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- Then There's California (Senate Democratic Caucus): Senate Leader Toni G. Atkins, and a 'Joyful' Pride (2021-06-04)
- SacTown Talks (Jarhett Blonien): Senator Susan Eggman (D-Stockton) (2021-06-04)
- CCST Expert Briefing: Toward a Disaster Resilient California: Responding to Wildfires amid Compounding Disasters (May 8)
- McGeorge School of Law, University of the Pacific - MPA/MPP
- McGeorge School of Law, University of the Pacific - Masters of Science in Law
The Nooner for Sunday, June 6, 2021, presented by SYASL Partners
Happy Sunday! Shoulder is sore again today, so I'll be short as typing is painful. It's a pretty quiet news day anyway and a good day to rest up before a full slate of legislative committee heariings this week.
DO YOU RECALL? The Chron's Joe Garafoli looks at the possible recall election timeline.
By law, Lt. Gov. Eleni Kounalakis can set the date when voters decide whether to yank her fellow Democrat, Gov. Gavin Newsom, from office. But she told The Chronicle she won’t seek to rig the timeline to help Newsom.
REDISTRICTING: From this week's Redistricting Report from Paul Mitchell.
State Commissioner Sara Sadhwani joined the San Francisco Chronicle’s Joe Garafoli late last week to talk about redistricting and how “the commission’s greatest challenge is to make redistricting sexy to the residents of California.” Sadhwani made a hard sell for the Super Hot world of community of interest testimony, which begins next week with the commission’s June 10th COI Input hearing. This listening tour, venturing (virtually, if not physically) to each corner of the state to hear about Communities of Interest, receive testimony from the public, and encourage use of their online mapping tool.
As a frame of reference, June 10th will also be the 10-year anniversary of the release of the first draft maps of the prior commission. And those first draft maps were decidedly un-sexy.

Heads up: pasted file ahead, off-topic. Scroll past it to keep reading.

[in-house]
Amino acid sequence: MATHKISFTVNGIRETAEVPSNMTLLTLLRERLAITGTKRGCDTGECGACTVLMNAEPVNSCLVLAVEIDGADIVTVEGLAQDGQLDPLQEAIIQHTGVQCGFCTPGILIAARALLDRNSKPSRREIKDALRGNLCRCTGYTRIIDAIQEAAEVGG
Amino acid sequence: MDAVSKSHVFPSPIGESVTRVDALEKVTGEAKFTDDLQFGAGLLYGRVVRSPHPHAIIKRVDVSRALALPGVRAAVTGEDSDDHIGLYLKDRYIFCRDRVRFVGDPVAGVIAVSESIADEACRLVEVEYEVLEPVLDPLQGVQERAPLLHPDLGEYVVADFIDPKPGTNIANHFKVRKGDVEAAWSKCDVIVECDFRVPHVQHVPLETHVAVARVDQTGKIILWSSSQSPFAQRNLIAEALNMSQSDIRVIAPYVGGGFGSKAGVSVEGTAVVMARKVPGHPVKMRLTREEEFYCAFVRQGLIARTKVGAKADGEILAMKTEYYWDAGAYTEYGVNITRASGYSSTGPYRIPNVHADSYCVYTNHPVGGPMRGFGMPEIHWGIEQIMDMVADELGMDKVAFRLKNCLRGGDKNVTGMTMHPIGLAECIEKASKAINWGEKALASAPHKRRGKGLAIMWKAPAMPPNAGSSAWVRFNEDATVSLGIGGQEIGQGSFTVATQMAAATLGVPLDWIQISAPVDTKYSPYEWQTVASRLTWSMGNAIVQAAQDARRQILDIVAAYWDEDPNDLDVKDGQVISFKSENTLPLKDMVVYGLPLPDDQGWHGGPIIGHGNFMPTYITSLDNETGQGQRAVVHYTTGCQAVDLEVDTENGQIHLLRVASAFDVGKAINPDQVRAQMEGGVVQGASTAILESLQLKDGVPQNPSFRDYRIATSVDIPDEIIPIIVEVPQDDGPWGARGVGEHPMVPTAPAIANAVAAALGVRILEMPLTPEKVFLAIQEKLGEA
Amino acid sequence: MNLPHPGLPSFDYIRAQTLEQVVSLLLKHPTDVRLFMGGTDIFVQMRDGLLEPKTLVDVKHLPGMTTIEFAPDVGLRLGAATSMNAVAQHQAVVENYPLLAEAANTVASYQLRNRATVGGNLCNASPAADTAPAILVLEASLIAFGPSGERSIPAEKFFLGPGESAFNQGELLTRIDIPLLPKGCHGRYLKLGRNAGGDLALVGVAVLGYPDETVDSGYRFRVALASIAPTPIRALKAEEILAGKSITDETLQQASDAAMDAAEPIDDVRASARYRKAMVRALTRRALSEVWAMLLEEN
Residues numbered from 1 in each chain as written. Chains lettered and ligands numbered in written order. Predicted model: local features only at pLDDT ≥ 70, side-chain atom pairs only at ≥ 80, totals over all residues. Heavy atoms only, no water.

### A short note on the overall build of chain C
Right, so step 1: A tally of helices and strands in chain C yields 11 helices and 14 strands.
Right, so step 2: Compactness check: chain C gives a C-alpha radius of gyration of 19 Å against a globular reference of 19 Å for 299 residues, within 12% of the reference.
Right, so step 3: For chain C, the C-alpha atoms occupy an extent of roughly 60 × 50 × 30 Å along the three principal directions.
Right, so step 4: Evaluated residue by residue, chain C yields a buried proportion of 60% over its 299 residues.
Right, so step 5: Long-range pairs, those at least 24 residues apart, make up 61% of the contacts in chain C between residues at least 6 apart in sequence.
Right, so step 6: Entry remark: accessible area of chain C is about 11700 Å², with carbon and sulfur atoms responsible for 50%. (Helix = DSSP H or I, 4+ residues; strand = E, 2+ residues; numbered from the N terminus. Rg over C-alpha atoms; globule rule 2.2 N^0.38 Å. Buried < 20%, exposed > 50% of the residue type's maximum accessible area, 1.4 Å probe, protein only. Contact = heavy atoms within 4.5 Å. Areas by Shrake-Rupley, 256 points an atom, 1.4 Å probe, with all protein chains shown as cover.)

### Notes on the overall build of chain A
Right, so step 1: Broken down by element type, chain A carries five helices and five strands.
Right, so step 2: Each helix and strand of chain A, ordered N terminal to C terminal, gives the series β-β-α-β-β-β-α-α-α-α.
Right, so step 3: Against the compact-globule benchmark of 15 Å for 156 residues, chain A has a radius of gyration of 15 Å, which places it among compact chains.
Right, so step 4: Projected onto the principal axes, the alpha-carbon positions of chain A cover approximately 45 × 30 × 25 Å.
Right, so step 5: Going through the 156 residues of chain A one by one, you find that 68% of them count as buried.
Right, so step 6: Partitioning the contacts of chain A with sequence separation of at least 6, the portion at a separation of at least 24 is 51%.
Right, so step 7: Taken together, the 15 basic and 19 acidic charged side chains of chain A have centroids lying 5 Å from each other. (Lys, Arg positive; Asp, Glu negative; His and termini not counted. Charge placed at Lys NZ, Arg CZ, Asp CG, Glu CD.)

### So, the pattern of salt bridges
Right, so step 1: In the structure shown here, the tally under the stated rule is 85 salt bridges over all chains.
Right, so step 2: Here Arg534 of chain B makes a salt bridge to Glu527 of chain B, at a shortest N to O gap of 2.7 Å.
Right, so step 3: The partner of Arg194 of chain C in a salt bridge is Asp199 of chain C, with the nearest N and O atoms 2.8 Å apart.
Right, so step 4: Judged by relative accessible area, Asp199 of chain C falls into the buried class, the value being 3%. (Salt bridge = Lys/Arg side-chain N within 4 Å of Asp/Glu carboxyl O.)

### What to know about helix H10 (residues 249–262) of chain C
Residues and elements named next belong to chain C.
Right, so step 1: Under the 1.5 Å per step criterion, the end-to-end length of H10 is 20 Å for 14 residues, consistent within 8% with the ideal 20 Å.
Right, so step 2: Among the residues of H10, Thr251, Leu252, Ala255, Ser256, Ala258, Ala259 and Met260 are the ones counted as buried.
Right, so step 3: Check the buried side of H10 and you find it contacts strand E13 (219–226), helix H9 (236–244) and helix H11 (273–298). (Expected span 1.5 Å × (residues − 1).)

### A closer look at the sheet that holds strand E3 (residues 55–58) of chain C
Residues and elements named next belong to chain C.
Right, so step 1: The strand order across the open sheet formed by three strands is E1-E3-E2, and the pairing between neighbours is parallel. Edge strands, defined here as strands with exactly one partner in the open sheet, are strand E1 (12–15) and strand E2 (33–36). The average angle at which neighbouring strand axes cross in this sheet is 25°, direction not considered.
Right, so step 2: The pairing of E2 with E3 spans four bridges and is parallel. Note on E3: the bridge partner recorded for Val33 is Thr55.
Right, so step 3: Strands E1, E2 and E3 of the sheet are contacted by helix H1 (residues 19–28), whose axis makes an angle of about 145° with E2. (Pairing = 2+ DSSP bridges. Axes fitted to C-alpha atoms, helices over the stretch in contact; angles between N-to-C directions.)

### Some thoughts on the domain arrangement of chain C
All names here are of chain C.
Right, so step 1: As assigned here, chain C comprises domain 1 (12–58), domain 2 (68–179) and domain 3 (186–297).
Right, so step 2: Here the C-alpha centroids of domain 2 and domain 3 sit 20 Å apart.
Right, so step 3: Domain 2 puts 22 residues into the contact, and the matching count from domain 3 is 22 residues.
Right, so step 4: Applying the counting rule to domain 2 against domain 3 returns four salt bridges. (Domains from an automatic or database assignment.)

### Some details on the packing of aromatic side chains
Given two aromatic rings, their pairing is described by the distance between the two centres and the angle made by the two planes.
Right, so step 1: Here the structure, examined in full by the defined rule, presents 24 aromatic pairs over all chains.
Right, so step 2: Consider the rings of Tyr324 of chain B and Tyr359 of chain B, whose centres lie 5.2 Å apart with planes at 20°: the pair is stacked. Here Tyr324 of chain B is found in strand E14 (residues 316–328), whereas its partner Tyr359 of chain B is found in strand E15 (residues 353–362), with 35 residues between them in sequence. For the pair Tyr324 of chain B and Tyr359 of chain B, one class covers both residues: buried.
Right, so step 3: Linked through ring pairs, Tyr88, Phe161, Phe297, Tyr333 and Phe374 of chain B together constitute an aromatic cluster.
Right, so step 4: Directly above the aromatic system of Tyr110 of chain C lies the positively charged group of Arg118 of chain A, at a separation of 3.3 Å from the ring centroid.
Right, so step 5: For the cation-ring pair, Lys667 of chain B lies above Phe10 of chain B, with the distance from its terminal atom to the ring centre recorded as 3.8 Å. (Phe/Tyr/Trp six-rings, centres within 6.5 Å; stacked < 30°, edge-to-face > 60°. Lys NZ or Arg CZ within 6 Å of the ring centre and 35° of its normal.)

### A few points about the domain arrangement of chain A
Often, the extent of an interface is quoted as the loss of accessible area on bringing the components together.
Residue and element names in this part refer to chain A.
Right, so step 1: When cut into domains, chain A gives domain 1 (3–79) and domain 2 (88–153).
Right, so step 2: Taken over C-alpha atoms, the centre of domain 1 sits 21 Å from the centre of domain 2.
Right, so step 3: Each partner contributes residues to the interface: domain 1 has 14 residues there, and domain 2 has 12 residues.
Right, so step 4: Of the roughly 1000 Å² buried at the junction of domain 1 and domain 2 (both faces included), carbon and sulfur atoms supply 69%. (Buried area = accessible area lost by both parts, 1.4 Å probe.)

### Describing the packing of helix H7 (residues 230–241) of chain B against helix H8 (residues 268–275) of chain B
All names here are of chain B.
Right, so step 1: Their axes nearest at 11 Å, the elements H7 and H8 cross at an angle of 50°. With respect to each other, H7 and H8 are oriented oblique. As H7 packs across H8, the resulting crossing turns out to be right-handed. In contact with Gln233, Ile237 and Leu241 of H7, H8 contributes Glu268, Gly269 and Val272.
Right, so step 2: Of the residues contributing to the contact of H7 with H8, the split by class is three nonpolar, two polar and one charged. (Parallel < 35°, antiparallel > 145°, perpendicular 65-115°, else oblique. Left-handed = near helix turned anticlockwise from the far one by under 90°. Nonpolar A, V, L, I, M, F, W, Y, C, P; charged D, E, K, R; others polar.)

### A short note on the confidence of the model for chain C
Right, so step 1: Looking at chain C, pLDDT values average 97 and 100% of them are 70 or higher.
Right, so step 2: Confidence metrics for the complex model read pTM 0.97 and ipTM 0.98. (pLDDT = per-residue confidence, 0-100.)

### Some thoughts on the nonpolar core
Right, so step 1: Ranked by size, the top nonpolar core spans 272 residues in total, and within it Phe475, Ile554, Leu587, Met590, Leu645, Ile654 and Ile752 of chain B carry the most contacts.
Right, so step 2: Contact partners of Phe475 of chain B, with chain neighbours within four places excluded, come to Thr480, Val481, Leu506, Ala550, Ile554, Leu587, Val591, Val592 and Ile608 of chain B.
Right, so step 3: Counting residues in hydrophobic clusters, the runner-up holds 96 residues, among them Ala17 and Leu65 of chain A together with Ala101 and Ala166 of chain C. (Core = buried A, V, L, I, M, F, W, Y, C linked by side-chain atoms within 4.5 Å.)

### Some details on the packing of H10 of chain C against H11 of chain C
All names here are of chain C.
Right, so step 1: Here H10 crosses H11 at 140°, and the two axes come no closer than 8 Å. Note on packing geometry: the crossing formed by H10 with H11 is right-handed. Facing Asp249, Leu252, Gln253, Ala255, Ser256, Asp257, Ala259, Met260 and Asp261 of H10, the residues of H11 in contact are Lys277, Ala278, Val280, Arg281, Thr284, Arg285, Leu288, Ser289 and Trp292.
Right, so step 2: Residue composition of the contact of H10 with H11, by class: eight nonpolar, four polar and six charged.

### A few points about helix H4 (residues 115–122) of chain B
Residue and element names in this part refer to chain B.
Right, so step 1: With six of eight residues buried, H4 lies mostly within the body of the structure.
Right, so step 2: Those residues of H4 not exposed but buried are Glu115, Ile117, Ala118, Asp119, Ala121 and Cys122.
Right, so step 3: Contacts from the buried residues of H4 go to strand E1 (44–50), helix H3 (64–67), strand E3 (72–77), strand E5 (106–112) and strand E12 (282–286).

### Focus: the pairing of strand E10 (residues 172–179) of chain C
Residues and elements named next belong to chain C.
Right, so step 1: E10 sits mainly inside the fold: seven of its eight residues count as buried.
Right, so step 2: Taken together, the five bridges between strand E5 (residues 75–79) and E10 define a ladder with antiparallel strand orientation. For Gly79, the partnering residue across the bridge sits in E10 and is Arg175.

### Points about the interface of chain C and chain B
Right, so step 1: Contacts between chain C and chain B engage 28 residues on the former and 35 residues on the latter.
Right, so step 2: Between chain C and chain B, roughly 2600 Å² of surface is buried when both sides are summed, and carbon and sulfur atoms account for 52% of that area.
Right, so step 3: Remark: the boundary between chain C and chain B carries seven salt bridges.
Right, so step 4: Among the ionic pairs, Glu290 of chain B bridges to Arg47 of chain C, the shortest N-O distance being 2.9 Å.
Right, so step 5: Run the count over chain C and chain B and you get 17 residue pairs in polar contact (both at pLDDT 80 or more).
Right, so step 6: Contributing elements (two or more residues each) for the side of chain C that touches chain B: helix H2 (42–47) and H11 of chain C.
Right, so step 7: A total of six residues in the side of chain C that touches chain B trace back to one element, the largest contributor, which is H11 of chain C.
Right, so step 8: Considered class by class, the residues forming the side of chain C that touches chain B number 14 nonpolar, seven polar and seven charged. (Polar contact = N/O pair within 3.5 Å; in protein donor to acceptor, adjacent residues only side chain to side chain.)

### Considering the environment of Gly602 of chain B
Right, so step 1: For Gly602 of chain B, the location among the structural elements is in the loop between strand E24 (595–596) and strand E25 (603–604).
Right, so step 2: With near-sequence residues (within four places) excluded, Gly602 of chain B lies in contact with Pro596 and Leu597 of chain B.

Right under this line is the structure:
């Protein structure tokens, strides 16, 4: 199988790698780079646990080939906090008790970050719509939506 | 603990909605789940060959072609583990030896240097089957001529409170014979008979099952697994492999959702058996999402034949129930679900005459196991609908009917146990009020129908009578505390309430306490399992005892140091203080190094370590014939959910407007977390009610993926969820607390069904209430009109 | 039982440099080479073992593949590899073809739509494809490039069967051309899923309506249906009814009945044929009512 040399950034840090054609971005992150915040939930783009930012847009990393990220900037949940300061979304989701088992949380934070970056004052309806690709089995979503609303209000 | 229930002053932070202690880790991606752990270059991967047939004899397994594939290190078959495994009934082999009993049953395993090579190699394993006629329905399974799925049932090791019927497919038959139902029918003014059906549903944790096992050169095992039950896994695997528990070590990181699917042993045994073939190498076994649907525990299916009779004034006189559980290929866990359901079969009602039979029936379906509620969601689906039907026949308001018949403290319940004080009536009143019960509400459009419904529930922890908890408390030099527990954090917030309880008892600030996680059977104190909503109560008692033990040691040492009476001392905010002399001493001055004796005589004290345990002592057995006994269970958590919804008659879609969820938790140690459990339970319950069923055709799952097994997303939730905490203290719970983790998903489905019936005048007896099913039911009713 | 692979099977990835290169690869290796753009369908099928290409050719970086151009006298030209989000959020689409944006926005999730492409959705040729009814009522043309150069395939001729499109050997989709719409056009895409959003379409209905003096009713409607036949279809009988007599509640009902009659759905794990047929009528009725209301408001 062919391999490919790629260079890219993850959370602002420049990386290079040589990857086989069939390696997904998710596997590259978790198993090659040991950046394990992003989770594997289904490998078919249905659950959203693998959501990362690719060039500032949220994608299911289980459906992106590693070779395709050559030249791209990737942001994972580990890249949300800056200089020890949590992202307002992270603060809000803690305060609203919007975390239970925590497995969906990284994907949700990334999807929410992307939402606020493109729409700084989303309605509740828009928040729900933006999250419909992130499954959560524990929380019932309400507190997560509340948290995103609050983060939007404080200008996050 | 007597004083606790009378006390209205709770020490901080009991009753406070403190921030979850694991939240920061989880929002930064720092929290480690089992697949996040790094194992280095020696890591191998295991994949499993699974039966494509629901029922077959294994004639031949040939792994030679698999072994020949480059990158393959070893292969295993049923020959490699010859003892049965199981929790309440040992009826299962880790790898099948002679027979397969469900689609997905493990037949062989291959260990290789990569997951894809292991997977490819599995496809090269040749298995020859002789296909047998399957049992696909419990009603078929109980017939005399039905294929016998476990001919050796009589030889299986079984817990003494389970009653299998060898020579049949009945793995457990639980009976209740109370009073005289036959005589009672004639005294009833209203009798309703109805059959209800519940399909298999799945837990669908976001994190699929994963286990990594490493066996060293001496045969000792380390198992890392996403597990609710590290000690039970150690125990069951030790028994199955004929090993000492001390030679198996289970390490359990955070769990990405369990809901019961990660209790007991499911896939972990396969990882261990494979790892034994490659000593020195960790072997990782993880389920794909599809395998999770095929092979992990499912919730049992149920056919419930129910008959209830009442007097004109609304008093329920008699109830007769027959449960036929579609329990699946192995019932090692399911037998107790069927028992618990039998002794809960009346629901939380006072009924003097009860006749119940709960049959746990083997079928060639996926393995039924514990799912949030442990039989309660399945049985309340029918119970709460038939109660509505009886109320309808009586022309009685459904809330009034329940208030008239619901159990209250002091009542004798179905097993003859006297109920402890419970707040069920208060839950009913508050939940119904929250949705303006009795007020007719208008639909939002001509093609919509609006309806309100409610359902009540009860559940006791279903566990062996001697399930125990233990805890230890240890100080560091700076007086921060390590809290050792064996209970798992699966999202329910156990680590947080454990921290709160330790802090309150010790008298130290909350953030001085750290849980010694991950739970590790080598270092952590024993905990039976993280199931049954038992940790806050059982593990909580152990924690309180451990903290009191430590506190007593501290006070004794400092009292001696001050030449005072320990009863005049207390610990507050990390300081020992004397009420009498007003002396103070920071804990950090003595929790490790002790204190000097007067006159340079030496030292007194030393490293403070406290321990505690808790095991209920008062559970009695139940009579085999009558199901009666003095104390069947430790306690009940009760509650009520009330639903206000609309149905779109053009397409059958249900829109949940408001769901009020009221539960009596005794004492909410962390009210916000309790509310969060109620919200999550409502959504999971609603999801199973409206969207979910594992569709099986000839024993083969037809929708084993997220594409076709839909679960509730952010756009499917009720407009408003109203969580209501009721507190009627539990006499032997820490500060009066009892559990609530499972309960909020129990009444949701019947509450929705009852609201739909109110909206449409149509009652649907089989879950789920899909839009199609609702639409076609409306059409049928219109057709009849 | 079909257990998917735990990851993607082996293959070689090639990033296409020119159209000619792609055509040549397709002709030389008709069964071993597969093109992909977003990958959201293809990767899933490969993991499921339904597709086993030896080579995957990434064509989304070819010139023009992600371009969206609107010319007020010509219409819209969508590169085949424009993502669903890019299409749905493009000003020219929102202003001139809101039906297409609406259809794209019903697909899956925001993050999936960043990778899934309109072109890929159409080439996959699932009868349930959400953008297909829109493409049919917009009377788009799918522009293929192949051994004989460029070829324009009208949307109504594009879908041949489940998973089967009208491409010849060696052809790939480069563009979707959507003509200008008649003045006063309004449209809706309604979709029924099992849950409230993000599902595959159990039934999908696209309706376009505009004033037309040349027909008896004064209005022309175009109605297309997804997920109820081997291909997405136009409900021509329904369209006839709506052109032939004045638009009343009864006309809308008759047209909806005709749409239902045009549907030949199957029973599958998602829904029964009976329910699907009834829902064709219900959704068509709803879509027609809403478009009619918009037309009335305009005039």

This gift of more time is something that the current commission is embracing, with a goal of doubling the input that the last commission received, and getting more of those building blocks established prior to being confronted with tough redistricting decisions. While the increased time is a gift, one lingering question is just how engaged the public will be prior to the release of the census data and creation of draft maps.
GUNS: The Bee's Vincent Moleski writes that Governor Newsom and Attorney General Rob Bonta plan to continue the fight to uphold California's assault weapons ban following the Friday ruling holding it unconstitutional.
[Federal judge Roger] Benitez in his ruling said the state’s law was unconstitutional and that prohibiting such firearms for decades was “a failed experiment.”
“Like the Swiss Army Knife, the popular AR-15 rifle is a perfect combination of home defense weapon and homeland defense equipment. Good for both home and battle ... Yet, the State of California makes it a crime to have an AR15 type rifle,” the decision reads.
California Gov. Gavin Newsom seized on this comparison, criticizing the decision as a dangerous setback to years of state policy in a statement released shortly after Benitez’s ruling.
“Today’s decision is a direct threat to public safety and the lives of innocent Californians, period,” Newsom said. “As the son of a judge, I grew up with deep respect for the judicial process and the importance of a judge’s ability to make impartial fact-based rulings, but the fact that this judge compared the AR-15 – a weapon of war that’s used on the battlefield – to a Swiss Army Knife completely undermines the credibility of this decision and is a slap in the face to the families who’ve lost loved ones to this weapon.”
The AR-15 is a lightweight, customizable version of the military M-16, and soared in popularity after a 10-year federal ban on assault weapons expired in 2004.
Newsom’s strong pushback against the ruling, saying that he won’t be “backing down from this fight,” was echoed by recently-appointed Attorney General Rob Bonta.
VILLARAIGOSA: In the Times, Emily Alpert Reyes and David Zahniser look at the potential of Antonio Villlaraigosa returning to the role as Los Angeles mayor as a caretaker should Eric Garcetti be named ambassador to India.
The Biden administration has yet to announce whether it will name Los Angeles Mayor Eric Garcetti as U.S. ambassador to India. But the jockeying to fill his seat is already underway.